Conveniently, there is a video accompanying the extremely detailed story, explaining some of the finer points of the "new" fan experience:
At Stadium Insider, we pride ourselves on being cutting edge when it comes to technology. However, most of the details described in the video above seem useless to us. Granted, the hi-tech food ordering will be nice, and they hit the nail on the head by emphasizing how that advancement will allow you to be in your seats more often so you won't miss as much game action. We can all get on board with that.
On the other hand, the luxury suite nonsense in the video is lost on us. Most people who have the privilege to see a game in a luxury suite will likely be too enthralled with the once in a lifetime experience to enjoy the advanced technology. Any regulars in the suites will be too old and rich to care about understanding the advanced features the suites offer.
Speaking of old people, the Yankees plan on introducing the new technology into Yankee Stadium slowly, so they don't scare off the less tech-savvy fans. "We want the fans to first learn the building before they start playing. We have to break this in slowly," said Yankee COO and enemy of this blog, Lonn Trost. The Yankee COO also tried to weasel his way back into our hearts by saying, "We looked at building a stadium we felt fans wanted and deserved. How can you build a brand-new stadium and not have the most up-to-date everything, whether it be technology, fan amenities, the playing field? Our fans expect that and we had to deliver."*
As we mentioned when this deal first came to fruition, some of the more exciting details are the devices that can be used to access replays and other in-game features. However, we're not clear how these devices will offer features that our smart-phones can't already do. For example, one of the bits of technology that we plan to experiment with at New Stadium Insider for the 2009 season is recording live video from the stands of the new Yankee Stadium and broadcasting it LIVE, on the internet, using Qik software (check out Qik.com for more details on their service).
Without the use of those fancy devices, we will be able to do something even more advanced than anything Cisco mentions in the article - broadcast live video from the game using the 3G connectivity afforded to us by our HTC Touch Pro. Sure, it would be nice to have access to their fancy hi-speed wi-fi network, especially when the local cell towers inevitably become overloaded at big games, but perhaps public wi-fi for people with their own smart phones is in the works as well.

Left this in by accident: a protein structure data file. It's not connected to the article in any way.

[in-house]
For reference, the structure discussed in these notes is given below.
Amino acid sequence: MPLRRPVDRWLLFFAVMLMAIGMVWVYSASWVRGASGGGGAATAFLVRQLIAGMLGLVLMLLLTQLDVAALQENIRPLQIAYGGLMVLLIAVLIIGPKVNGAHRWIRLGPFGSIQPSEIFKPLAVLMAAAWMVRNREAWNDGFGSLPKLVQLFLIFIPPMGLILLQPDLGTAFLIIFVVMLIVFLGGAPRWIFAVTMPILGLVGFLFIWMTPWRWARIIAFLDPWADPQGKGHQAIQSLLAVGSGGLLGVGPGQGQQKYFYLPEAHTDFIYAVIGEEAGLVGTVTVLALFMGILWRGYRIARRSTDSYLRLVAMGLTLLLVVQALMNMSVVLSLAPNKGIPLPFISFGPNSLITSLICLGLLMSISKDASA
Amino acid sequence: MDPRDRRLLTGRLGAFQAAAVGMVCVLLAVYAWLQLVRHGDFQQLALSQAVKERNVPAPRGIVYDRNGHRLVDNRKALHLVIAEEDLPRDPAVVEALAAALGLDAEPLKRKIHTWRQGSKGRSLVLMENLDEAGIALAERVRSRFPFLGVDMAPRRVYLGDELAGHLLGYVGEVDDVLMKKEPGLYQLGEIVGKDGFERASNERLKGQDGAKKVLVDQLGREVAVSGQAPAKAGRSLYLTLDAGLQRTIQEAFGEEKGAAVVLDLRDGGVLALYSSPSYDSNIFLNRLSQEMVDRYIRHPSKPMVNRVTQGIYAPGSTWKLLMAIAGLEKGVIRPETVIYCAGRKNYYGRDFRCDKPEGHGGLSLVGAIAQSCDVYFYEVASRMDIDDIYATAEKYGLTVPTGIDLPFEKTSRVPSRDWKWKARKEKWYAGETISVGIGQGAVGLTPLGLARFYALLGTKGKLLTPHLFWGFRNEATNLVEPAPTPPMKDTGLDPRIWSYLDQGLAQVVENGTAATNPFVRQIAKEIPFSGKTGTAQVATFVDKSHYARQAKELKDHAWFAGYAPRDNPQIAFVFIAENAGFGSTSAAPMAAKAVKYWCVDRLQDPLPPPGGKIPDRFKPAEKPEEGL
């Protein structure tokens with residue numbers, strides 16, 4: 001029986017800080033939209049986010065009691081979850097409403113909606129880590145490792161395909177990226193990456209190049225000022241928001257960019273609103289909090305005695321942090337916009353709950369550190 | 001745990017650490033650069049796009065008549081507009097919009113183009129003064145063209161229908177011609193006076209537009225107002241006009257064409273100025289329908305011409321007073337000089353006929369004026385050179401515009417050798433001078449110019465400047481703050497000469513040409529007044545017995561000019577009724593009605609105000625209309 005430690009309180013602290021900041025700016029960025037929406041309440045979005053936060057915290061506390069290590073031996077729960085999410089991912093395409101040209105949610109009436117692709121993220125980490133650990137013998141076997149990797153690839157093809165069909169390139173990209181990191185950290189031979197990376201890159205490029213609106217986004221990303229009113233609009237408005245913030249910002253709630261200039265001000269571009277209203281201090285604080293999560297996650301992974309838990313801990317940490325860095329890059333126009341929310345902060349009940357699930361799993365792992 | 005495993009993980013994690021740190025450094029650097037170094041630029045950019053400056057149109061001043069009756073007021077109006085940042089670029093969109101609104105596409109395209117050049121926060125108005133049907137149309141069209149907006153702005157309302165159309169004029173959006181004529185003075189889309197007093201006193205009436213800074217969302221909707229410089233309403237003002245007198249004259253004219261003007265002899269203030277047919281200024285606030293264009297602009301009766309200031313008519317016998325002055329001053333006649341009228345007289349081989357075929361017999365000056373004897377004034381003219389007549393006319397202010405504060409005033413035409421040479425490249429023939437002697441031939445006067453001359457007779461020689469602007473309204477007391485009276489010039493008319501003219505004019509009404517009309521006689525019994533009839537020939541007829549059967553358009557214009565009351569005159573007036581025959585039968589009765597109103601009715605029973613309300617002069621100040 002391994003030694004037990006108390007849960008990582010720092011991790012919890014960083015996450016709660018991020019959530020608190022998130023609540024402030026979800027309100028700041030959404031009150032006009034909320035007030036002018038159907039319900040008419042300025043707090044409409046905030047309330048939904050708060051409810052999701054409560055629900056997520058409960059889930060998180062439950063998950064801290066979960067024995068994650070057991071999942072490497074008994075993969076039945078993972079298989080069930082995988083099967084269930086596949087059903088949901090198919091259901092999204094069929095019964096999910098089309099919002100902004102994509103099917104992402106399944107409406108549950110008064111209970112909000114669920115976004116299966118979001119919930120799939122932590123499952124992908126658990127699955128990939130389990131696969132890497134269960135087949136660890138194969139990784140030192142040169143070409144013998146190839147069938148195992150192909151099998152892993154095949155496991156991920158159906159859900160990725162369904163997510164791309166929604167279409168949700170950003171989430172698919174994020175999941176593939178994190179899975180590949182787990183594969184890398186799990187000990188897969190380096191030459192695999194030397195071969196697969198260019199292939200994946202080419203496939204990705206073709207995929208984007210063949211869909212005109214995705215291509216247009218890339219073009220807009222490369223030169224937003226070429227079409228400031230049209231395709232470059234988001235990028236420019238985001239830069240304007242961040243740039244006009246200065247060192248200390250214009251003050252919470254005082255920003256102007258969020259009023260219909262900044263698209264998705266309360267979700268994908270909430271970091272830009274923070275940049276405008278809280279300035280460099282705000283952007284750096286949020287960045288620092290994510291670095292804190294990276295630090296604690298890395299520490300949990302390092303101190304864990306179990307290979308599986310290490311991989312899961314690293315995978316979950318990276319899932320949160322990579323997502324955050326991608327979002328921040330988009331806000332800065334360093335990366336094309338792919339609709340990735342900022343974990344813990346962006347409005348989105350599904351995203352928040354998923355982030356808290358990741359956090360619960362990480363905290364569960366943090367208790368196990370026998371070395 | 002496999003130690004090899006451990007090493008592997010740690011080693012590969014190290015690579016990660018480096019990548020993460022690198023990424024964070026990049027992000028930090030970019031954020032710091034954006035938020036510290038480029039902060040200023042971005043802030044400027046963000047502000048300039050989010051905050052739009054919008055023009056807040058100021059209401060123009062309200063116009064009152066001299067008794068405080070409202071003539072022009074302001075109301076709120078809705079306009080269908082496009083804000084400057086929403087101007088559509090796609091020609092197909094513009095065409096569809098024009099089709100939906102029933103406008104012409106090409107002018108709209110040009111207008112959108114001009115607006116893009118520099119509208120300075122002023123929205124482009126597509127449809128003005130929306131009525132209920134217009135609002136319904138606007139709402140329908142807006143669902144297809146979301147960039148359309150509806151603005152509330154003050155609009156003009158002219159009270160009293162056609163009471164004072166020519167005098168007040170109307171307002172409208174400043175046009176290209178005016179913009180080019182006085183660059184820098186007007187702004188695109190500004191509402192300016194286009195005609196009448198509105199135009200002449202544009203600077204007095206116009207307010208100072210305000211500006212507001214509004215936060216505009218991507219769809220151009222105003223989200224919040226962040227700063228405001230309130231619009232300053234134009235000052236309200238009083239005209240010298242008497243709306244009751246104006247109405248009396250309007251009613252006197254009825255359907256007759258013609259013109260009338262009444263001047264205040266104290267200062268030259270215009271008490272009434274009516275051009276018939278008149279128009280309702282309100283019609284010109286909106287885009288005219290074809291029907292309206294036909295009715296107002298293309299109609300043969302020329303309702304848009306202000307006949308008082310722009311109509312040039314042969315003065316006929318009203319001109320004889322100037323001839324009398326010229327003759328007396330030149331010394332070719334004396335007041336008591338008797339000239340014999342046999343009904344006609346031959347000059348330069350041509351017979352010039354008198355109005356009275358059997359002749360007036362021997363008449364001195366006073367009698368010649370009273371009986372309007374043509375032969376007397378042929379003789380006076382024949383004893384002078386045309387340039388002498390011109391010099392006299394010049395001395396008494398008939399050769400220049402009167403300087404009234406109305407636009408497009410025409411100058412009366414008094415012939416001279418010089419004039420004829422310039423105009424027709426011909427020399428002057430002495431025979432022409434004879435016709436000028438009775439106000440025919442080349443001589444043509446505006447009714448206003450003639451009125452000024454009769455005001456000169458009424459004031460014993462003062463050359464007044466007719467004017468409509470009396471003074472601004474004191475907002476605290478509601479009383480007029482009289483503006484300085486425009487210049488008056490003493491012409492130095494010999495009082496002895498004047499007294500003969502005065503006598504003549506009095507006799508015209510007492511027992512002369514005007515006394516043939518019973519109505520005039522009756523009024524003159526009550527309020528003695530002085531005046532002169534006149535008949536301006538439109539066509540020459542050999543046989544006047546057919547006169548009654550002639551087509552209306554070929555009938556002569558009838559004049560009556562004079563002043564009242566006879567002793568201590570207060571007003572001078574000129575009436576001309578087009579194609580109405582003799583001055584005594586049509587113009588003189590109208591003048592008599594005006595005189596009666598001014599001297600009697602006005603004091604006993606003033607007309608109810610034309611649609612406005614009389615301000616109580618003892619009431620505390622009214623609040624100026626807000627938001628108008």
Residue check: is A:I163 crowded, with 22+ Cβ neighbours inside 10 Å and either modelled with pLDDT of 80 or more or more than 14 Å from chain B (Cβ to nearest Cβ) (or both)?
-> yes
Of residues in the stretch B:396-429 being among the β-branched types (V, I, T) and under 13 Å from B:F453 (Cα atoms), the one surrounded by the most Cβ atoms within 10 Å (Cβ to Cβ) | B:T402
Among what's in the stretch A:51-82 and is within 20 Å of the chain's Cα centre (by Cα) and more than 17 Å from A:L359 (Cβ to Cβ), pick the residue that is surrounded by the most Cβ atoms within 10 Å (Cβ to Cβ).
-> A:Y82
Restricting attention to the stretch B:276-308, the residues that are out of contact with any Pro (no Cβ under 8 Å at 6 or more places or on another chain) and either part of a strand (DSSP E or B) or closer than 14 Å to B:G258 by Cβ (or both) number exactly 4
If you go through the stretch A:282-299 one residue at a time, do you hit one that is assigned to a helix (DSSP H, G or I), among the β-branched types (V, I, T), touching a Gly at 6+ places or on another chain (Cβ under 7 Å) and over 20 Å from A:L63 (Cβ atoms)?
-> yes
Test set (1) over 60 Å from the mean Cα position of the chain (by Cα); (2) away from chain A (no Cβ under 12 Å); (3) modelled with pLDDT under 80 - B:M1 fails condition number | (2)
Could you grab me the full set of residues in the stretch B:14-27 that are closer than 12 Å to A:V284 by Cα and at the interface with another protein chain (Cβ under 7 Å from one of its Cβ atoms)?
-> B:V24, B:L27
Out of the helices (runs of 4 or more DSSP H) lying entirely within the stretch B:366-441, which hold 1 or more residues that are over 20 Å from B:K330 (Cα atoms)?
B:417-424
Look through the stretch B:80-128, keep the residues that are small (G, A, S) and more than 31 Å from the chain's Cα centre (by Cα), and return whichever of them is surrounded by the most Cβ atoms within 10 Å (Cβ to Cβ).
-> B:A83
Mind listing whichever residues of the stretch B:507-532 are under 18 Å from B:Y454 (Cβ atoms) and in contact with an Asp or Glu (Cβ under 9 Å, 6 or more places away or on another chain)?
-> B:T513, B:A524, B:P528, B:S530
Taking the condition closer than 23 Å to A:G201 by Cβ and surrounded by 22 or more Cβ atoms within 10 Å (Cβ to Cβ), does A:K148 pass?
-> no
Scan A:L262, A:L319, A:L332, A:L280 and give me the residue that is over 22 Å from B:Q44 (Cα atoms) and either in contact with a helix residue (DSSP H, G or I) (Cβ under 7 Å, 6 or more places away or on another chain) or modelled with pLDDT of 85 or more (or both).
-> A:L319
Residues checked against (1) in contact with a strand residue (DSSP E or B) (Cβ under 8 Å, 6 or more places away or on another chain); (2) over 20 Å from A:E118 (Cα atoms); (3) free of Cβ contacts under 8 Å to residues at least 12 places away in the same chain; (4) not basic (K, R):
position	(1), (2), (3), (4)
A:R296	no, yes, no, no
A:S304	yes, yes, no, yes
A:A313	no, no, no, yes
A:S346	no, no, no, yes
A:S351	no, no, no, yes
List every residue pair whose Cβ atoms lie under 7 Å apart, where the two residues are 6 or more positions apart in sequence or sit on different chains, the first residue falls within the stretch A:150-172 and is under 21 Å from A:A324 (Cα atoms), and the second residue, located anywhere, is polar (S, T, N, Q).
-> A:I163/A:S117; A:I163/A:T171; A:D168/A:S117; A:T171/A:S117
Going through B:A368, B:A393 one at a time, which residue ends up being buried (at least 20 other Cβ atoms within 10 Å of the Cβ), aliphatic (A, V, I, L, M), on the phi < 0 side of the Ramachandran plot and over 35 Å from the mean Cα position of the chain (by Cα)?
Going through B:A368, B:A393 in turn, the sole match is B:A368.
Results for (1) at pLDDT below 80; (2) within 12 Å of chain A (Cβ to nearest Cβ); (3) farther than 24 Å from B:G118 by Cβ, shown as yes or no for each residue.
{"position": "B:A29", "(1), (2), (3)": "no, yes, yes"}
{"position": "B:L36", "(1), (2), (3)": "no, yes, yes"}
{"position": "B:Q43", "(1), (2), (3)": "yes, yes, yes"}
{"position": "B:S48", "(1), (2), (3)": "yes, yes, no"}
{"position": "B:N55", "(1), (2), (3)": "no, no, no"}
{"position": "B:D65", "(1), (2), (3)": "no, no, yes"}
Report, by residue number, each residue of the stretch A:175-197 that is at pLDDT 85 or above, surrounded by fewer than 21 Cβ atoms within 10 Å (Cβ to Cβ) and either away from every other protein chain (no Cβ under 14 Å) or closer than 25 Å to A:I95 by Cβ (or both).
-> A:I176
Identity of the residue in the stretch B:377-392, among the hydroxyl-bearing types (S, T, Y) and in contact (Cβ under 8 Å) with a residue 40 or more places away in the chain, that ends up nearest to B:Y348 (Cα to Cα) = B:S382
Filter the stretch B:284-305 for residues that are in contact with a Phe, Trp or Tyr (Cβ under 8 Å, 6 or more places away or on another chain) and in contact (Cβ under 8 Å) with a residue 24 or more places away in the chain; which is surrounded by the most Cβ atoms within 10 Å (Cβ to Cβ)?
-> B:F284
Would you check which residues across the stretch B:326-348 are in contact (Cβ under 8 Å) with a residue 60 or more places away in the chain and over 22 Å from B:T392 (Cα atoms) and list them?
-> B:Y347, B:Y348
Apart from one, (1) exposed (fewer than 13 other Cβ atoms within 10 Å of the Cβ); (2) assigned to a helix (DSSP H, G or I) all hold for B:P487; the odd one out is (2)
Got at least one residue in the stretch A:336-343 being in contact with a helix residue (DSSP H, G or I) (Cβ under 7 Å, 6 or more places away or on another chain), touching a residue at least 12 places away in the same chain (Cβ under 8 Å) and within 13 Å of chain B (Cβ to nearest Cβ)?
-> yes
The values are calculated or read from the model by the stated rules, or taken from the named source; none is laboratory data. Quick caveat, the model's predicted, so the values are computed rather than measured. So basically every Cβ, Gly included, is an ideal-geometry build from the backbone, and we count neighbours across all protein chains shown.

Another highly touted advance in technology is the ability to interact with your favorite players via live video conferencing. We're still not clear how this works, but with Shaq completely changing the athlete/fan relationship on Twitter, it certainly stands a better chance of succeeding than we would have thought when the Cisco deal was first announced back in November. We'd love to chat it up with Hideki Matsui and get some recommendations on his favorite adult films.
The article over at Boston.com is very interesting, and we've just touched on the Yankee Stadium aspect. They are also adding this technology at various other sports venues around the country. At the very least, visit the website so you can vote in the riveting poll that is accompanying the article:
| Where would you rather watch the Red Sox and Yankees play? |
|At Fenway Park, where I can sing "Sweet Caroline"|
|At the new Yankee Stadium with its gigantic, high-definition scoreboard, concourse monitors giving real-time traffic updates and stats to track fantasy teams and luxury suites where I can choose the camera angles|
|Total votes: 644|
* Please note - all of the quotes in this blog post were lifted from the story in the Boston Globe.
Talk about it in the Stadium Insider Forums!
Tax Season is here - Save By E-Filing Your Taxes and tell 'em Stadium Insider sent you - Only $19.95!